Alex: I’ve been challenged by the way she thinks about power and consent and family. Power and consent are huge parts of many of her books, and she’s usually not presenting a straightforward argument about them. Family, too, is often complicated in her novels, and I’ve been intrigued to think about what it means to have a family, to be a family.

Mimi: I grew up in India, where I had practically never heard of Octavia Butler.

The most powerful thing I probably learned from her work is that weird, complex, imaginative, speculative things don’t only happen in white-people stories. For a long time my reading included only realist fiction by writers of color, and all the speculative, dystopian, space, superhero, monster, apocalypse stories seemed to be written by white people, featuring white people, for other white people. It made me feel awkward to even write those stories, because the terrain just didn’t feel mine. Butler’s work, to a large extent, helped me break out of that painful narrowness of perspective.

– What did you learn about yourselves as editors while working on Luminescent Threads?

Alex: I learned that I love helping people to express themselves! And I really like bringing different thoughts and perspectives together to present something greater than the indivisible pieces.

Mimi: I learned that people’s words can both make me cry and make me stronger. As an immigrant student in the United States, these past few months haven’t been kind to me. Editing is what I do for a living, but never have been so strongly moved by a book I edited.

– What’s one thing you wish more writers understood about submitting work for an anthology?

Alex: That guidelines are there for a reason! But also in terms of this project that neither Mimi nor I were doing this as an actual job; we both do other things in real life, as it were, and the editing is additional.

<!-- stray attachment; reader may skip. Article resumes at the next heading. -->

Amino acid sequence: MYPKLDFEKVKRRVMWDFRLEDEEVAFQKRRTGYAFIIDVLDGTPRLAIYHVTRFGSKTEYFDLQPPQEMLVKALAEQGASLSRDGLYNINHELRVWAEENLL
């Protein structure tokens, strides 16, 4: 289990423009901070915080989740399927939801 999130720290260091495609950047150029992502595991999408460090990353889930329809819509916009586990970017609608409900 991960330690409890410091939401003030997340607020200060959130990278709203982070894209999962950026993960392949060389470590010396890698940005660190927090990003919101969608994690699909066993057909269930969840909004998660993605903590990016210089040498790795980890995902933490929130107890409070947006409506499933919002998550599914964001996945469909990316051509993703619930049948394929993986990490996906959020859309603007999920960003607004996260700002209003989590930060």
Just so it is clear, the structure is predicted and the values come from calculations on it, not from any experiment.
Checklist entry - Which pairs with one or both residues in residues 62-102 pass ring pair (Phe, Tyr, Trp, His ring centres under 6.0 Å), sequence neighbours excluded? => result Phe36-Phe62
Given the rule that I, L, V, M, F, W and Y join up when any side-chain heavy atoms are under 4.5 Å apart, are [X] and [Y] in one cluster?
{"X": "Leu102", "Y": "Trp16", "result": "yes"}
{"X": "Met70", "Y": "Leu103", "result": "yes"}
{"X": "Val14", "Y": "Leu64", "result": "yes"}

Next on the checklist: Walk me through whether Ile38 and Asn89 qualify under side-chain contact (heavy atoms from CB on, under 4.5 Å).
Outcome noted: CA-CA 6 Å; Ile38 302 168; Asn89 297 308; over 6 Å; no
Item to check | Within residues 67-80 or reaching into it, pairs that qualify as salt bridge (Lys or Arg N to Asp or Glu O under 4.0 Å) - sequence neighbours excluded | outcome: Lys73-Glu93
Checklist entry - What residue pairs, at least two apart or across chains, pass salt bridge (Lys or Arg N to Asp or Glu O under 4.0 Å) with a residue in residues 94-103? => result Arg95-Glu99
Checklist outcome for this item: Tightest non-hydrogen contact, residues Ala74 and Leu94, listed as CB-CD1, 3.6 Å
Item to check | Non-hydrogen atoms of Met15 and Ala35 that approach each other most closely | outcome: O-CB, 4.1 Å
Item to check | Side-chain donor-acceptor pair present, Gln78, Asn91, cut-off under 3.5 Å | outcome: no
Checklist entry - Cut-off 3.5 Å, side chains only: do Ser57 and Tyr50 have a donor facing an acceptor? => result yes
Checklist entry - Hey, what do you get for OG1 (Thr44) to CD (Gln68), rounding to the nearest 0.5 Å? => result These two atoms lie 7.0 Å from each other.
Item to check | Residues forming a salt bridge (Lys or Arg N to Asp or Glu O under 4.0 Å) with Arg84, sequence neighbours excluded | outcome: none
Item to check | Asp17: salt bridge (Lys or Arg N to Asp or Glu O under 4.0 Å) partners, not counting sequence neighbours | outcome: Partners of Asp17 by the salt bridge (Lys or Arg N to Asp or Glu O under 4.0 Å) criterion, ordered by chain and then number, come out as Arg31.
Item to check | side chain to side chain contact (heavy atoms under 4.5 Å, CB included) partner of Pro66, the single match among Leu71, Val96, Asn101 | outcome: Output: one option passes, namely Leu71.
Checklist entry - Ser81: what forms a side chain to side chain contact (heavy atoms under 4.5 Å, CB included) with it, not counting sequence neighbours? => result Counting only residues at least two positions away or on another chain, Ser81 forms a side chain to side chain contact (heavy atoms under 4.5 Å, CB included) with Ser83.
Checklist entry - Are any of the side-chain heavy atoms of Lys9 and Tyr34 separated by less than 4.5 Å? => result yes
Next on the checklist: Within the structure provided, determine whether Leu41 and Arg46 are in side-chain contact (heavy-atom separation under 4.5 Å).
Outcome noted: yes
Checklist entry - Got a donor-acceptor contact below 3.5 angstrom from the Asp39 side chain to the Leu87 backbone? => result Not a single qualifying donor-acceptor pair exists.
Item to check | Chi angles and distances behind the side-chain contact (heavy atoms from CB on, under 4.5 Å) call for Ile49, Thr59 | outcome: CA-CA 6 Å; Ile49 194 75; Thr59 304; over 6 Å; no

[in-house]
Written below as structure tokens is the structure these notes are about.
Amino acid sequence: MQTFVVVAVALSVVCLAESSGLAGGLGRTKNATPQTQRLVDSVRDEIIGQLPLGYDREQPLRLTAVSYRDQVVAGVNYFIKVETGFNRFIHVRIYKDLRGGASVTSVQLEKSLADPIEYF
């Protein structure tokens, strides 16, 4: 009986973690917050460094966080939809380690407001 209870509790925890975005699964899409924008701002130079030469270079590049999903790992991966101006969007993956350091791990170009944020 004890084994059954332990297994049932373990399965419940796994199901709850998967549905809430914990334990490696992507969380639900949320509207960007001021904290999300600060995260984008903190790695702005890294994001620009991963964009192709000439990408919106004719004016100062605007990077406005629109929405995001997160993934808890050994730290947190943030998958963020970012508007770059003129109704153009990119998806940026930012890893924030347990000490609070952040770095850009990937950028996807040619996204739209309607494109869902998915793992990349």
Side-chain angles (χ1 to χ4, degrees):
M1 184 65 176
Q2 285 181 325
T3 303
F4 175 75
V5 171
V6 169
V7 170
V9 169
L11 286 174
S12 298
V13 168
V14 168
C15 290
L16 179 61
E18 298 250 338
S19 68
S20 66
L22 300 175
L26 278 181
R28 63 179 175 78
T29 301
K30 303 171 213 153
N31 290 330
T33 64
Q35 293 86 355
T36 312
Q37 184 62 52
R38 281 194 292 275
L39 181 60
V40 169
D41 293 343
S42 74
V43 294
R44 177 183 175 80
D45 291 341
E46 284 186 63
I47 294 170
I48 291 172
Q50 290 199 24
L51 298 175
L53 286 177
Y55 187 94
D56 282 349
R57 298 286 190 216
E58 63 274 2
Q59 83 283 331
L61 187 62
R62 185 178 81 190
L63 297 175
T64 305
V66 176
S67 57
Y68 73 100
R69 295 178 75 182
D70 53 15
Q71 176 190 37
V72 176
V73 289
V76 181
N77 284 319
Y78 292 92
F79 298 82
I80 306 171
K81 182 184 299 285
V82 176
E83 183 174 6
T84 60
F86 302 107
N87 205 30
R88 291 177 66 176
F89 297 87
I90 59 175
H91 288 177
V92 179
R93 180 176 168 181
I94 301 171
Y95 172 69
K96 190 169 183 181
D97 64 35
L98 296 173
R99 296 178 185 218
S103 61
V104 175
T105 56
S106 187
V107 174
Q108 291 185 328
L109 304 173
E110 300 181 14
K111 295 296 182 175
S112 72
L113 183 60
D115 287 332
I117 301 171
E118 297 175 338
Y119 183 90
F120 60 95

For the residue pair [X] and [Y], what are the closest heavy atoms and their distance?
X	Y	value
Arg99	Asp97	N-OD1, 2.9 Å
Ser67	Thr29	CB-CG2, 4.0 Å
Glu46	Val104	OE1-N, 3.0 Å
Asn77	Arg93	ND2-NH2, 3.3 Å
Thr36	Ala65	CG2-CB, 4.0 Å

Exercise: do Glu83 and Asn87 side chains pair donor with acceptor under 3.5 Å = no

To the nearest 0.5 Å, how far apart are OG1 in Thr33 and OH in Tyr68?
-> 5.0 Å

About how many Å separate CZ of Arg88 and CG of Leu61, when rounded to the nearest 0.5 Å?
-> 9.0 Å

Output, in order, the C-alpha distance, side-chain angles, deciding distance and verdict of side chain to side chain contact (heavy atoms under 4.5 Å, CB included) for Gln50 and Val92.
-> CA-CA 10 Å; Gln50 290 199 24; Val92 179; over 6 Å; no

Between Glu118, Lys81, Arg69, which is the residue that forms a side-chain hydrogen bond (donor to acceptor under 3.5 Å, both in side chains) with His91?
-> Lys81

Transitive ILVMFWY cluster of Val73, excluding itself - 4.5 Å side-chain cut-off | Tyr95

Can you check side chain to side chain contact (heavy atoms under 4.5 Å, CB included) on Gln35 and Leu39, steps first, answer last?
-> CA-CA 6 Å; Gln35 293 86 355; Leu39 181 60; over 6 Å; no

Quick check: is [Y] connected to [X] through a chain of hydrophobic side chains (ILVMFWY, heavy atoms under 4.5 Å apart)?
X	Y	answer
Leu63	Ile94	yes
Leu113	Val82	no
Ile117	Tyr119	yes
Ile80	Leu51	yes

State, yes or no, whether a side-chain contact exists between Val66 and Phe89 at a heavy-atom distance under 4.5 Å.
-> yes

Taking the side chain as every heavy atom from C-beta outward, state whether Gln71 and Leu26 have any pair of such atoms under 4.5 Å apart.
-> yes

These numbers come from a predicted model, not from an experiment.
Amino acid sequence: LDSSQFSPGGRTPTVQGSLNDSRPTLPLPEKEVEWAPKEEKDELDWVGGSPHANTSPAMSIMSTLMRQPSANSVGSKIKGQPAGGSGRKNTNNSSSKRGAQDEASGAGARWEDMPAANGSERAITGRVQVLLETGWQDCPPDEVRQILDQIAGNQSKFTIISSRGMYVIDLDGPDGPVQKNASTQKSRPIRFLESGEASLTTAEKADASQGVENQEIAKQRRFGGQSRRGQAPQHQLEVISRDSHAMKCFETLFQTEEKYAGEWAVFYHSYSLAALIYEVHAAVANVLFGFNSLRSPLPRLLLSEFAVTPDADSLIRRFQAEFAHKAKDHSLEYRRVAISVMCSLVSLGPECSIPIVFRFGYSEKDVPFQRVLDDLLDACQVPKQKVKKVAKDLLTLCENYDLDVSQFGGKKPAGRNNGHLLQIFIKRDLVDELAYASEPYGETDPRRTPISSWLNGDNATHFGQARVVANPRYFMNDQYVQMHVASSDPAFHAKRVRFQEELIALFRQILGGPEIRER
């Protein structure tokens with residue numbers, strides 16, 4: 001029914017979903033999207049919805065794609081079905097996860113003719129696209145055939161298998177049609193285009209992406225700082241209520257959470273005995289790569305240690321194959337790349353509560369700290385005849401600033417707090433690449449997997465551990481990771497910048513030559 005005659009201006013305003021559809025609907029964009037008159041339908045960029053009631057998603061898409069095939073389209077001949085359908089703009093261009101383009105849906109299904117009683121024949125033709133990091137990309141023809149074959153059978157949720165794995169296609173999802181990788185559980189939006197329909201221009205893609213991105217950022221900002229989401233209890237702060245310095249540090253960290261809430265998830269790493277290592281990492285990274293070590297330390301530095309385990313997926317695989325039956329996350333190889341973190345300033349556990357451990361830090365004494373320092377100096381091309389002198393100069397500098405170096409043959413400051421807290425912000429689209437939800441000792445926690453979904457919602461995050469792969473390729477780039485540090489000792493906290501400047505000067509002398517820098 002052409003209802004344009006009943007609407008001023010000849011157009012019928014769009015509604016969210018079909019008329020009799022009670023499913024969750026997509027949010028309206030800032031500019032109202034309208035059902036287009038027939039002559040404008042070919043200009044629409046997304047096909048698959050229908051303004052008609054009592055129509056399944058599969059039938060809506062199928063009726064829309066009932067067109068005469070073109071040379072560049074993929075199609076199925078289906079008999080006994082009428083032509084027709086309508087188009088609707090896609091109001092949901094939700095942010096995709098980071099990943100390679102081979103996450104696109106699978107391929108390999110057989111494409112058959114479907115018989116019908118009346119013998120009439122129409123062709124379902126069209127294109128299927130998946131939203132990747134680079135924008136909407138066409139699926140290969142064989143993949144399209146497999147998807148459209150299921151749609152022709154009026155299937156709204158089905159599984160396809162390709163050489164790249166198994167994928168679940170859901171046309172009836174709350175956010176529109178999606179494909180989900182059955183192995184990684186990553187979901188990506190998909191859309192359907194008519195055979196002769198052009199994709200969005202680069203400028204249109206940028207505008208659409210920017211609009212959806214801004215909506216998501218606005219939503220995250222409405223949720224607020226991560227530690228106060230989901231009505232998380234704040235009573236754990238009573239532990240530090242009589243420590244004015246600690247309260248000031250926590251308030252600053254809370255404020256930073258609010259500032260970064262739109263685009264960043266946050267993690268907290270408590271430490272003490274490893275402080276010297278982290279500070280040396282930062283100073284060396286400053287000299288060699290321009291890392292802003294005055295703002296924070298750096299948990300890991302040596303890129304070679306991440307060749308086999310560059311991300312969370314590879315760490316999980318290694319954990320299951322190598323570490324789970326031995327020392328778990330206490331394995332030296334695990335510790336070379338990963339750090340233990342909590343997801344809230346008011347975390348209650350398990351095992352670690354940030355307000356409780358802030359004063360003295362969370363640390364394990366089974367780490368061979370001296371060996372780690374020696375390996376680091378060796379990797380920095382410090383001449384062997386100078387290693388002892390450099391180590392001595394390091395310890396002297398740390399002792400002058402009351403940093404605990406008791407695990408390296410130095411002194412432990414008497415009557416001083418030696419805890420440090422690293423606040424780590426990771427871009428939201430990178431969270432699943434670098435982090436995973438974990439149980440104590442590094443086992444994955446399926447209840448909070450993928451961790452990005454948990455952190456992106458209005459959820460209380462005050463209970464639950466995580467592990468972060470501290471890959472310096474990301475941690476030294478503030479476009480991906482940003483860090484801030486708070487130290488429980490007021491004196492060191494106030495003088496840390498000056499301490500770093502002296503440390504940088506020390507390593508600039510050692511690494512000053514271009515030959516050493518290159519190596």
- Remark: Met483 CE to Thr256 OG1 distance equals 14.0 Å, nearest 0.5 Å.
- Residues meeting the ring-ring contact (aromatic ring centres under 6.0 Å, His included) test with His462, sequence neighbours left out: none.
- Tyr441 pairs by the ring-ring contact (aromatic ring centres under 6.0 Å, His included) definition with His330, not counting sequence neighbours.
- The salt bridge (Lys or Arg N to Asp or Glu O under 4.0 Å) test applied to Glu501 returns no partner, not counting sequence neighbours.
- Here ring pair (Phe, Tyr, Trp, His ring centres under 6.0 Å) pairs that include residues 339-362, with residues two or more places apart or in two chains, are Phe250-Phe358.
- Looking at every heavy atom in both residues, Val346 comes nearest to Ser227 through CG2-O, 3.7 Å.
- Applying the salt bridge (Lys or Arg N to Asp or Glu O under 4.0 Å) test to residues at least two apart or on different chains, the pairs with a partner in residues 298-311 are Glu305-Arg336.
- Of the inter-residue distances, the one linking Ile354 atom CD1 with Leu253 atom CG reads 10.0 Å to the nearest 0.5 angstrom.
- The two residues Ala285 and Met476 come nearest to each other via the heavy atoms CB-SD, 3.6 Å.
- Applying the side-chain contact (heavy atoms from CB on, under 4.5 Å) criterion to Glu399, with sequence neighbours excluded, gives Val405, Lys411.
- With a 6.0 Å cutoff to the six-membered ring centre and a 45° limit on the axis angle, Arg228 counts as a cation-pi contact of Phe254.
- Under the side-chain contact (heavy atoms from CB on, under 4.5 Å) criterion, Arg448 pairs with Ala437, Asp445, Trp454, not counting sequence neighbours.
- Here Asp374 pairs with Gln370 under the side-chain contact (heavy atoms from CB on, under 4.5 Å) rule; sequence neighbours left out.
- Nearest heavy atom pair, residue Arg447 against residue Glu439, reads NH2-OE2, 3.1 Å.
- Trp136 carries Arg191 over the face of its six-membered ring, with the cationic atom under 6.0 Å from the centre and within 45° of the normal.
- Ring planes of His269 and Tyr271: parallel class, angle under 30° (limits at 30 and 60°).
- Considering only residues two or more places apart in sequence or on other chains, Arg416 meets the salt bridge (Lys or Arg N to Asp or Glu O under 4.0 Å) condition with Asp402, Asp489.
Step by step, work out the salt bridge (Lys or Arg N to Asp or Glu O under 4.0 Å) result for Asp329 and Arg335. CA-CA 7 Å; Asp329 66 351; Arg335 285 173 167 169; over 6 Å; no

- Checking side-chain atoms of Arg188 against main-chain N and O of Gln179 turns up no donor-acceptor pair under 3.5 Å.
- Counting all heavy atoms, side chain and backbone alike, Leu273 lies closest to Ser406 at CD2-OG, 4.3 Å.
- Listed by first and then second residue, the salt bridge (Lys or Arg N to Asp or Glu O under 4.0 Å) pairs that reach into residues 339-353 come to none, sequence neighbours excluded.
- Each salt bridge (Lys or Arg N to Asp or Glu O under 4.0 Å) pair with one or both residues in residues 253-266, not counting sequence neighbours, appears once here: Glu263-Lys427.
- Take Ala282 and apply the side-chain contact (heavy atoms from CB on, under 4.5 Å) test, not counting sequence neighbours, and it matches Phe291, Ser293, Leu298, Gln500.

Mimi: I agree! When you’re writing for a specific call for submissions, make sure your work fits their guidelines, and you submit and communicate with the publication in the way they require. The speculative fiction community is far more informal than many other artistic communities. Everyone’s in it because they love the stuff. But that lack of a strictly imposed hierarchy shouldn’t mean that anything goes. You may have met or hung out with the editor(s) at a convention, but that doesn’t make you exempt of the word limit, deadline or theme they have put down for the anthology.

– What are some exciting trends in speculative fiction that you see in terms of diversity and representation?

Alex: the very existence of an understanding of the need of diversity is exciting at the moment. That people are becoming more vocal in speaking out about occasions when the importance of diversity clearly hasn’t been considered.

Mimi: The fact that I am here at all is something I find exciting. Growing up in India, I always wanted to be a writer but never knew if it was possible, because I don’t come from the kind of background writers traditionally came from back then, and the stories of the only kind of people I knew didn’t end up in books. I grew up reading pretty much only white male writers, and right now I probably read one white male writer a year, if that. There are so many other stories that are way more fun to read! I love it that this has come to be so, and I love it that I’m living in these times.

– What’s your best writing tip that you’d like to share?

Alex: Pay attention to the guidelines and communicate clearly with your editor!